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First images released of the Sun 'up close' from ESA's Solar Orbiter

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First images released of the Sun 'up close' from ESA's Solar Orbiter
Copyright  Solar Orbiter/EUI Team/ESA & NASA; CSL, IAS, MPS, PMOD/WRC, ROB, UCL/MSSL   -   First views of the Sun obtained with Solar Orbiter's EUI on 30 May 2020, revealing the omnipresent miniature eruptions dubbed 'campfires'.
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The European Space Agency (ESA) has today released the first images of the Sun taken by its Solar Orbiter.

This is the closest any camera has ever been to the Sun, with the satellite just 77 million km away from it when the photographs were taken — about half the distance between Earth and the star.

“It’s as if the spacecraft had sent us a postcard from its journey,” said Daniel Müller, Solar Orbiter Project Scientist at ESA.

The satellite was launched on February 10, 2020, and made its first up-close approach to the Sun in mid-June.

In the lead up to the big reveal, Müller said: "The first images are exceeding our expectations.”

“We can already see hints of very interesting phenomena that we have not been able to observe in detail before," he added.

"The 10 instruments onboard Solar Orbiter work beautifully, and together provide a holistic view of the Sun and the solar wind.

"This makes us confident that Solar Orbiter will help us answer profound open questions about the Sun.”

The Solar Orbiter has six telescopes that capture images of the Sun and four situ instruments, which monitor the environment around the spacecraft.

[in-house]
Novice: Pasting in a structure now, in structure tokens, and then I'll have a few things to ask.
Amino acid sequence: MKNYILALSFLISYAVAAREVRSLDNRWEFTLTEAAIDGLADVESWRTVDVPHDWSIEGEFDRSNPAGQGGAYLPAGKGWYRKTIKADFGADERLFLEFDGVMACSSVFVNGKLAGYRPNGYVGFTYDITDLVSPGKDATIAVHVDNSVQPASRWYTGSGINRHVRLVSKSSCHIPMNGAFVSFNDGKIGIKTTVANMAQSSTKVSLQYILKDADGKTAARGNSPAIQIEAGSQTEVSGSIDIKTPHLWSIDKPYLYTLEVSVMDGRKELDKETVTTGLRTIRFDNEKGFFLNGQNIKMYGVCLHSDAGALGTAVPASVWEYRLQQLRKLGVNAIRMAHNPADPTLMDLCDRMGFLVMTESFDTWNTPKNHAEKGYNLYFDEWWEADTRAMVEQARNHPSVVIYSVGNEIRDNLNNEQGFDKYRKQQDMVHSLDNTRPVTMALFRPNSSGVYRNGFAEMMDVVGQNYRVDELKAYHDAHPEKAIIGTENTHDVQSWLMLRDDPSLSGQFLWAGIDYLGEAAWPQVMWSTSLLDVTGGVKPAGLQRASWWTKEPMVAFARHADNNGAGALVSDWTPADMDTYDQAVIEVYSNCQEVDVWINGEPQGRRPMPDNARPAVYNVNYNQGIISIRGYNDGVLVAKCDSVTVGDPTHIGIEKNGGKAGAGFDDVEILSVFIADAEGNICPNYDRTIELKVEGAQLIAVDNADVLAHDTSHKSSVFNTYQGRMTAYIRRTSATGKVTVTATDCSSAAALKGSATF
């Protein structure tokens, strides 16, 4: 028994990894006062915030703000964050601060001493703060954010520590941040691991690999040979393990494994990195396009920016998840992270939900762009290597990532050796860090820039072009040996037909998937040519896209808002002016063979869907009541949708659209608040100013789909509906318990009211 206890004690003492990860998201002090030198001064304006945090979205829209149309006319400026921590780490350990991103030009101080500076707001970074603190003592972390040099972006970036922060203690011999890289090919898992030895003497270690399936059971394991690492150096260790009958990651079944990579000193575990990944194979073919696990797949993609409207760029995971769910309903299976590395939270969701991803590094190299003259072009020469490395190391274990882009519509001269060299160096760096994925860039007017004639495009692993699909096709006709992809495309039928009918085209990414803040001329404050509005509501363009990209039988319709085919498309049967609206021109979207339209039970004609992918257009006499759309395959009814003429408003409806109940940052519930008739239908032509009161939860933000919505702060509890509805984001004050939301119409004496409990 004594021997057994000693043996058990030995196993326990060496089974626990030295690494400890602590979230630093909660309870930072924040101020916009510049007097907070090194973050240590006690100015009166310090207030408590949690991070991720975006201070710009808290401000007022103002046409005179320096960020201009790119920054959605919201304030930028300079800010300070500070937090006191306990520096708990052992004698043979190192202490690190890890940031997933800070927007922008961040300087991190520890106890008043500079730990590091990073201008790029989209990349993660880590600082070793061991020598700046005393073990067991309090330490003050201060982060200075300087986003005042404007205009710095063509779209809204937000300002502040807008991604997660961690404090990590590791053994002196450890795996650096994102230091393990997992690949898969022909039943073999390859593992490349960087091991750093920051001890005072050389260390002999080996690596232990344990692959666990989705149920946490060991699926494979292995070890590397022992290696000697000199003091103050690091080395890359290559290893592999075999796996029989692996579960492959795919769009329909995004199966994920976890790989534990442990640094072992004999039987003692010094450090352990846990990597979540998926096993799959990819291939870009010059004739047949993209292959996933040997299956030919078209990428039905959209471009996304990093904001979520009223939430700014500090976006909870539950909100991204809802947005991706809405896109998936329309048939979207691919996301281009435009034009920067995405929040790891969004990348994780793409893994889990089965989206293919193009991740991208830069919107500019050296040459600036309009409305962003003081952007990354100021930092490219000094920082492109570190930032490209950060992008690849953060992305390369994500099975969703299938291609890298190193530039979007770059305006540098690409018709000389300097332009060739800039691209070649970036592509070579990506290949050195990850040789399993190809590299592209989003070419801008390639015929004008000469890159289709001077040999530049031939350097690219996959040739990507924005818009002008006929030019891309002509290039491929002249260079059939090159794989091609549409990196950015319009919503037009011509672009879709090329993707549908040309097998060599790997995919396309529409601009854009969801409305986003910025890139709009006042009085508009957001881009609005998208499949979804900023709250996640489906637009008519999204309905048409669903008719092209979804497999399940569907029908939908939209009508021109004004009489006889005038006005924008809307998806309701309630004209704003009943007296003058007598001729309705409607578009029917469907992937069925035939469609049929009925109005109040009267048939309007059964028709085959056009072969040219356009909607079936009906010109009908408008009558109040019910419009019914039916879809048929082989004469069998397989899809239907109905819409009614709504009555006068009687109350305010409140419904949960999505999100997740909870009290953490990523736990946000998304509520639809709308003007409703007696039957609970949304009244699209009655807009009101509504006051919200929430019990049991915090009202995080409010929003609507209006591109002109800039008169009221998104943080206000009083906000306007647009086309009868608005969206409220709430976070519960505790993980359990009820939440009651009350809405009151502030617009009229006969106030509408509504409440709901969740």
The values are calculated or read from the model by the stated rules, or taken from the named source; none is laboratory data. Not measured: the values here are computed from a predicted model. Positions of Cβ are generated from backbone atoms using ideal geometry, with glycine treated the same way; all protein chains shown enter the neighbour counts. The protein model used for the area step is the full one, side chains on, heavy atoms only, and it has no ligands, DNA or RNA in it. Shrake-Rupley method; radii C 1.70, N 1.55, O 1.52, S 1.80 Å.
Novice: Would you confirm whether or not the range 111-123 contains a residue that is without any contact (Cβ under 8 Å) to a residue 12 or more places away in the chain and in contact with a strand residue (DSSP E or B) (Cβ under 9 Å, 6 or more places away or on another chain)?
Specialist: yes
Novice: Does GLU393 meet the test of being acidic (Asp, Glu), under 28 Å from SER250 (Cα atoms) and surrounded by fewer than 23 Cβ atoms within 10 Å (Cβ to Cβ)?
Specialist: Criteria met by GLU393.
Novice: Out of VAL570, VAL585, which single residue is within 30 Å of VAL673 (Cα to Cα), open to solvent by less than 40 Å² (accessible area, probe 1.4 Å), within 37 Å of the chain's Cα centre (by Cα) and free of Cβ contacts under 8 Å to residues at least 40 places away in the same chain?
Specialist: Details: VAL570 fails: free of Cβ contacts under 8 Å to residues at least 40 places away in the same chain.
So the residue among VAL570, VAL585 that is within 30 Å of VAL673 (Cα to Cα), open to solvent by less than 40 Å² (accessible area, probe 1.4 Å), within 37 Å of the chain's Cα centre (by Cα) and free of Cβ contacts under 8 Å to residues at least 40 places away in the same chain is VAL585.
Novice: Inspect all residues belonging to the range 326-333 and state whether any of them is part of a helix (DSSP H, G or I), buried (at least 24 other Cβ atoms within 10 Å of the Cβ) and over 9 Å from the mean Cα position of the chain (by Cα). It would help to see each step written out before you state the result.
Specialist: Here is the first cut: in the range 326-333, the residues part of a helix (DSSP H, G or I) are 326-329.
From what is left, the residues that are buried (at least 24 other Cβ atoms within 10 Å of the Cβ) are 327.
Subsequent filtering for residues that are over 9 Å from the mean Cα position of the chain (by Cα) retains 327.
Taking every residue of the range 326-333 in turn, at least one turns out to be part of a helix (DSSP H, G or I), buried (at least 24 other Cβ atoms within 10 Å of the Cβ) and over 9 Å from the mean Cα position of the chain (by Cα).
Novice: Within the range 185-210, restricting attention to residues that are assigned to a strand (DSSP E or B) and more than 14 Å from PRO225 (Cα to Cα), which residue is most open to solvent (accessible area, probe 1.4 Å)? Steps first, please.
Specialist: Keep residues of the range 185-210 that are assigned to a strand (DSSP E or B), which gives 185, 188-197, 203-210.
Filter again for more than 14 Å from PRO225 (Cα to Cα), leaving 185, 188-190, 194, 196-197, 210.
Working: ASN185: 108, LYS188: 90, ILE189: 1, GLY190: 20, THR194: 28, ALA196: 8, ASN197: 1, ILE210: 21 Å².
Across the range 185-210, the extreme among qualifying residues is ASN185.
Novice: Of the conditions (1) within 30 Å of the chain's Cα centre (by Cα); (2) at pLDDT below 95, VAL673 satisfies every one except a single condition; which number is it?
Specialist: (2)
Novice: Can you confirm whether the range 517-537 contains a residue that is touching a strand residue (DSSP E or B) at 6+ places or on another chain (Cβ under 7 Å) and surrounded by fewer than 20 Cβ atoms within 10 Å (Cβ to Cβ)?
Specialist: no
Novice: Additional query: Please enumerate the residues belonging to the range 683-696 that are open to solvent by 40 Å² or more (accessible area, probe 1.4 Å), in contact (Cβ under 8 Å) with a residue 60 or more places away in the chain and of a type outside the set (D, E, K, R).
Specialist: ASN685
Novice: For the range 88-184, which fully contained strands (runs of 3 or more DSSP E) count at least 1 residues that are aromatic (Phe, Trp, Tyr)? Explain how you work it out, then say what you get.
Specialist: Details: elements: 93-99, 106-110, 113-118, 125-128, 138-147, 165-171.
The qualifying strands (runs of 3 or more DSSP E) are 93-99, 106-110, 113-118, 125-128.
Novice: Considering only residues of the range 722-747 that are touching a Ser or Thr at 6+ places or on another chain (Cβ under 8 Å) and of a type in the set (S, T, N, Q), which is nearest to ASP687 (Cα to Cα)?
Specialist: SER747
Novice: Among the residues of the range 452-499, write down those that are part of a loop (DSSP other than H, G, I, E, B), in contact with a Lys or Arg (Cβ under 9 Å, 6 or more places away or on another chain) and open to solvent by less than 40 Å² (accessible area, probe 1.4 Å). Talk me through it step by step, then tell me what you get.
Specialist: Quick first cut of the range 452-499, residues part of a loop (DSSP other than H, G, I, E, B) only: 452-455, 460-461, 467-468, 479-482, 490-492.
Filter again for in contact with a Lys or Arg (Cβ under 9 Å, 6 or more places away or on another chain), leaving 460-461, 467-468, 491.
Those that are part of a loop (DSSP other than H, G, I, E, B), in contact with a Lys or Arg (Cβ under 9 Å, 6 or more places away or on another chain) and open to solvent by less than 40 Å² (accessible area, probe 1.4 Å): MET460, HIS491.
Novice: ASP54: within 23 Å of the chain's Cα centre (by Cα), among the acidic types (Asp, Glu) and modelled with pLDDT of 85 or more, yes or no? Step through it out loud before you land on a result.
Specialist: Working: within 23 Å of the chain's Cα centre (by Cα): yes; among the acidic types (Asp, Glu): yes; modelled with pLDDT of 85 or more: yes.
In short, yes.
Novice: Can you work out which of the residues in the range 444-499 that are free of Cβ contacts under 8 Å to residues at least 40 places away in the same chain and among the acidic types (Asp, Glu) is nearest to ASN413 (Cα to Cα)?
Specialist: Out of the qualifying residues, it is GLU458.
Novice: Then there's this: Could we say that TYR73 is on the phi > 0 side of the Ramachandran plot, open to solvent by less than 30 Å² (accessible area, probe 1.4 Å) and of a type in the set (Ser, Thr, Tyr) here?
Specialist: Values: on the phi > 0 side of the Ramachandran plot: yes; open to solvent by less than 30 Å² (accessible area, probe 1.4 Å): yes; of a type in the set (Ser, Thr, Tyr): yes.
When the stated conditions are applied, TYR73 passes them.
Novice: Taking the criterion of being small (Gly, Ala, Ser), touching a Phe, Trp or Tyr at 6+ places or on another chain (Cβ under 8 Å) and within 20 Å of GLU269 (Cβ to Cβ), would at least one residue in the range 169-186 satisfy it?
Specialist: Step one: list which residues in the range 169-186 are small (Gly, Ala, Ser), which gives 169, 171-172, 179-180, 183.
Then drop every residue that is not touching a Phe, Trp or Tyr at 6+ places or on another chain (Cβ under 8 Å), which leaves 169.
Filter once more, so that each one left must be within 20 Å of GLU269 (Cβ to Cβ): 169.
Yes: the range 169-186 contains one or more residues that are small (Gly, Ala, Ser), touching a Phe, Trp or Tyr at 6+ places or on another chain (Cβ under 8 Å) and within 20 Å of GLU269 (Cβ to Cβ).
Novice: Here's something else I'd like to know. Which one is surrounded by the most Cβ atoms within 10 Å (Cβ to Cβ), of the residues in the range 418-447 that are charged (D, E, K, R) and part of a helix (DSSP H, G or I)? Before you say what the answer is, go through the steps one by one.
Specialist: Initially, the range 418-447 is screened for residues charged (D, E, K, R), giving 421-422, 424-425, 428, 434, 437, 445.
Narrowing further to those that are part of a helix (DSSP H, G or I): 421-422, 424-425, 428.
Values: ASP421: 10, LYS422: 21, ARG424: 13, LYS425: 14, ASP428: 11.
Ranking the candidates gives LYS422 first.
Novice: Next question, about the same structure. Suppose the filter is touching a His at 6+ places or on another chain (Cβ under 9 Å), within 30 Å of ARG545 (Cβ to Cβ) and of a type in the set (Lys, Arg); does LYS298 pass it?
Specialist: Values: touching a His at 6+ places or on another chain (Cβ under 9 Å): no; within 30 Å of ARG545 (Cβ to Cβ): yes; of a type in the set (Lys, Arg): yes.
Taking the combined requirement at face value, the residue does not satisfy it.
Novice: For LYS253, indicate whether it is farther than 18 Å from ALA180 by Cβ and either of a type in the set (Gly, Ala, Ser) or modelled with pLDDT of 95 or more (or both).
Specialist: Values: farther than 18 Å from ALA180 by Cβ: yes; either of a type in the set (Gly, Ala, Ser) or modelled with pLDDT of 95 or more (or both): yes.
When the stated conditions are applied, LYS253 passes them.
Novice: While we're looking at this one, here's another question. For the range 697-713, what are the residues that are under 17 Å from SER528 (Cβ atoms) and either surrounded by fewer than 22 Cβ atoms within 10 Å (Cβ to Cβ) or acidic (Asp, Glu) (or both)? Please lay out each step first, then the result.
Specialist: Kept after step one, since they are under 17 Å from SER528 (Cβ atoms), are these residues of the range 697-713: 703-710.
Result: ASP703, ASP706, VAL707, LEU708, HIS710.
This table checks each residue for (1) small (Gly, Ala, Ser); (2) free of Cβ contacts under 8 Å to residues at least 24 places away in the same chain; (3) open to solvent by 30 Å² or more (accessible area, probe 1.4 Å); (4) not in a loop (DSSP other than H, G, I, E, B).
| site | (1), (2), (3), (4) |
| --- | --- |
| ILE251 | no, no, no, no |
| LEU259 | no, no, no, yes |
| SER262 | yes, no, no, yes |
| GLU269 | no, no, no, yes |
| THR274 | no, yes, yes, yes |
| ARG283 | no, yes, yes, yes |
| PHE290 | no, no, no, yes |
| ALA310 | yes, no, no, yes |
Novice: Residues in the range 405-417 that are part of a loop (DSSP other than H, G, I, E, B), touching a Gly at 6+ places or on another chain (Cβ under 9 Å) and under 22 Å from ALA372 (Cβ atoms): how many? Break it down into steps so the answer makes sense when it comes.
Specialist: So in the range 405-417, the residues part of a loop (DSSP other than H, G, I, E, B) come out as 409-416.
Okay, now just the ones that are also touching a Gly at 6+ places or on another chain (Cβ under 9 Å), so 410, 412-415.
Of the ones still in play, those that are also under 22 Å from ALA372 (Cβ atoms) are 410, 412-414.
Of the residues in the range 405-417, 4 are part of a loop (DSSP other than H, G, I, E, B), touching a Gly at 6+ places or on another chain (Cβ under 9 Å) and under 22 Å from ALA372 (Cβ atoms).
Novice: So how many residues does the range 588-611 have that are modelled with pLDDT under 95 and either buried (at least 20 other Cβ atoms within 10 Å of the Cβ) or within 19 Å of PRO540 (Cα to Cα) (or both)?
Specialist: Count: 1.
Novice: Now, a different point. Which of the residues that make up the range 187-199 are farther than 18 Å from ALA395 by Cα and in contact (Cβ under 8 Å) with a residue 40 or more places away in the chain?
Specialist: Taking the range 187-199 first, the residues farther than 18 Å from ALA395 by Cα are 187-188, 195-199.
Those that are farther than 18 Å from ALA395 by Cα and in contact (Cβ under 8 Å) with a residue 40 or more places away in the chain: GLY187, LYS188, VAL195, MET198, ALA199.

Data from both instruments enables the scientists behind the mission to study the solar wind (the stream of charged particles from the Sun) and how this influences the entire Solar System.

The images seen today are the result of technical tests known as "commissioning" to ensure all parts of the spacecraft are working. Scientists say that as the Solar Orbiter gets closer to the Sun, the images will become sharper.

The team behind the mission say the poles of the Sun hold the biggest mystery as they control the Sun's magnetic field, but they don't yet know how they do this.

It's hoped that Solar Orbiter will begin revealing images of the poles and never-before-seen sides of the Sun over the next five years.

“Right now, we are in the part of the 11-year solar cycle when the Sun is very quiet,” says Sami Solanki, the director of the Max Planck Institute for Solar System Research in Göttingen, Germany, and PHI Principal Investigator.

“But because Solar Orbiter is at a different angle to the Sun than the Earth, we could actually see one active region that wasn’t observable from Earth. That is a first. We have never been able to measure the magnetic field at the back of the Sun.”